January Series 2021 Goes Virtual
In early February 2020, Kristi Potter was taking a deep breath.
That’s usually the time of year when Potter, director of the January Series at Calvin University, is wrapping up details, putting the previous month’s lecture series to rest, and getting some well-deserved rest herself.
Before long, though, the next few weeks were anything but restful.
In early March, as she began her research and planning for the 2021 world-class lineup of speakers, “Everything froze,” said Potter. “I only had two or three invites out when the [COVID-19] pandemic hit, and we [Calvin employees] were sent home. Everything seemed to stop.”
“The whole speaker world stopped. Agents didn’t know what was going on, so everyone paused. Everyone was trying to figure out what next week or month would look like, certainly not knowing what [next] January would look like,” said Potter.
The January Series is an award-winning lecture series that draws in more than 70,000 attendees each year. For 15 weekdays each January, about 800 attendees would pack the Covenant Fine Arts Center Auditorium on campus to listen to a world-renowned speaker. And thousands more would gather at 60-plus remote sites across North America to watch the series live. Many others would listen online.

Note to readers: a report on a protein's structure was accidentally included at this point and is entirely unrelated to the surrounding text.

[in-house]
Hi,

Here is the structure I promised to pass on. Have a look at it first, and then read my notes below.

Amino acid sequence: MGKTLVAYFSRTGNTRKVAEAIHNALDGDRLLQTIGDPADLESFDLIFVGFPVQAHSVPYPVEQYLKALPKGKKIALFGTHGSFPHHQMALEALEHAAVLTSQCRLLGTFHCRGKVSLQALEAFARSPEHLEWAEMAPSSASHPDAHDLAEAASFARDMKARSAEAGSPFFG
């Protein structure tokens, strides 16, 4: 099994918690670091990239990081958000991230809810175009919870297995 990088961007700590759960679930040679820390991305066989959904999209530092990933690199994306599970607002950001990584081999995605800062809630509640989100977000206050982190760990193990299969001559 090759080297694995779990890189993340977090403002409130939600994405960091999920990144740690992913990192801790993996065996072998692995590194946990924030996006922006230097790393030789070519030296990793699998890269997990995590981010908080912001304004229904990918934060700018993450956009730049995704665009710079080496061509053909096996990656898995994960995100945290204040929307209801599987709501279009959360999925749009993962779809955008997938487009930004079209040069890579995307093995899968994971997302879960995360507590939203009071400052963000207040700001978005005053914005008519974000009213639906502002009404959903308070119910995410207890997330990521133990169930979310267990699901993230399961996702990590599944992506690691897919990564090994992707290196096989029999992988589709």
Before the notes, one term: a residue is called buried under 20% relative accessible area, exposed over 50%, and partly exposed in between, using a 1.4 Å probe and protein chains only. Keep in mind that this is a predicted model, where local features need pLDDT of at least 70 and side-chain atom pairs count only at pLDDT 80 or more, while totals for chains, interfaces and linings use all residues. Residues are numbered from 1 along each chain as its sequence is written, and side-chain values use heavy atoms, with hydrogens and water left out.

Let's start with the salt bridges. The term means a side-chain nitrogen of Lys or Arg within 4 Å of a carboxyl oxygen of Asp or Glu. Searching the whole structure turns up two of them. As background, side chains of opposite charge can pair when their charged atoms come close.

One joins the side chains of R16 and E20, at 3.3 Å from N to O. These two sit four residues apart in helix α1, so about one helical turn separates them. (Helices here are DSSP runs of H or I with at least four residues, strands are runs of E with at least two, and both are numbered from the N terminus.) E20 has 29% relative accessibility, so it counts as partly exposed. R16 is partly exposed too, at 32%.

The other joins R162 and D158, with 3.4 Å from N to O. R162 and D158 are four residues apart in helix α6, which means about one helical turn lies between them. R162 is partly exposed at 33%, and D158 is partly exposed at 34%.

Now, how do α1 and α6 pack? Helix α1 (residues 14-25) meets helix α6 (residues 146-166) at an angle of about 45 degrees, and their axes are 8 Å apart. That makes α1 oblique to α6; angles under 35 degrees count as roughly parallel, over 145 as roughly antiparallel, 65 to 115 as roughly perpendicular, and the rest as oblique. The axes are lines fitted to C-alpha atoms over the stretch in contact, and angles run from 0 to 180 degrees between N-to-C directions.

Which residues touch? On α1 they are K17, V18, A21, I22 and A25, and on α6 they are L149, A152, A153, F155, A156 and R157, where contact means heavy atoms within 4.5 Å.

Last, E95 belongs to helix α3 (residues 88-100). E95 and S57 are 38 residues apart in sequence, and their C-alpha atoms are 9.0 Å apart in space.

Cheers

The uncertainty in early 2020, though, seemed to put the series, considered as a free, three-week liberal arts education, in jeopardy for 2021.
Potter wondered, “Would speakers be able to travel to Calvin? Would we be able to gather an audience? Even if we could gather in person, would it be socially responsible to do so? Could we do it all virtually? And would that open up access to speakers who might otherwise turn us down?”
It wasn’t long before Potter received abundant confidence through both Calvin University and long-time supporters of the series.
“From the beginning of the pandemic, leaders at Calvin were saying, ‘We have to figure this out,’” said Potter, “and because of the fact that really dedicated underwriters support the January Series and were already recommitting during this time for the 2021 series, we knew we had the financial support to carry on.”
It was now just a matter of figuring out what the next January Series would look like.
So Potter continued her homework, which typically involves a lot of reading, listening, and watching speakers—all things that she was now doing from her home. In most years she would attend multiple conferences around the country to check out speakers in person. But the pandemic and the limitations it placed on in-person gatherings and travel meant she had to attend conferences online — and ironically that opened up more opportunities. Potter was able to virtually attend more conferences at a much lower cost (some free), making access to speakers easier than ever.
So she watched a lot. And read a lot. And throughout the spring and summer, amid the pandemic, Potter started seeing themes emerge: economic uncertainty, racial tensions, the breakdown of meaningful dialogue, and more.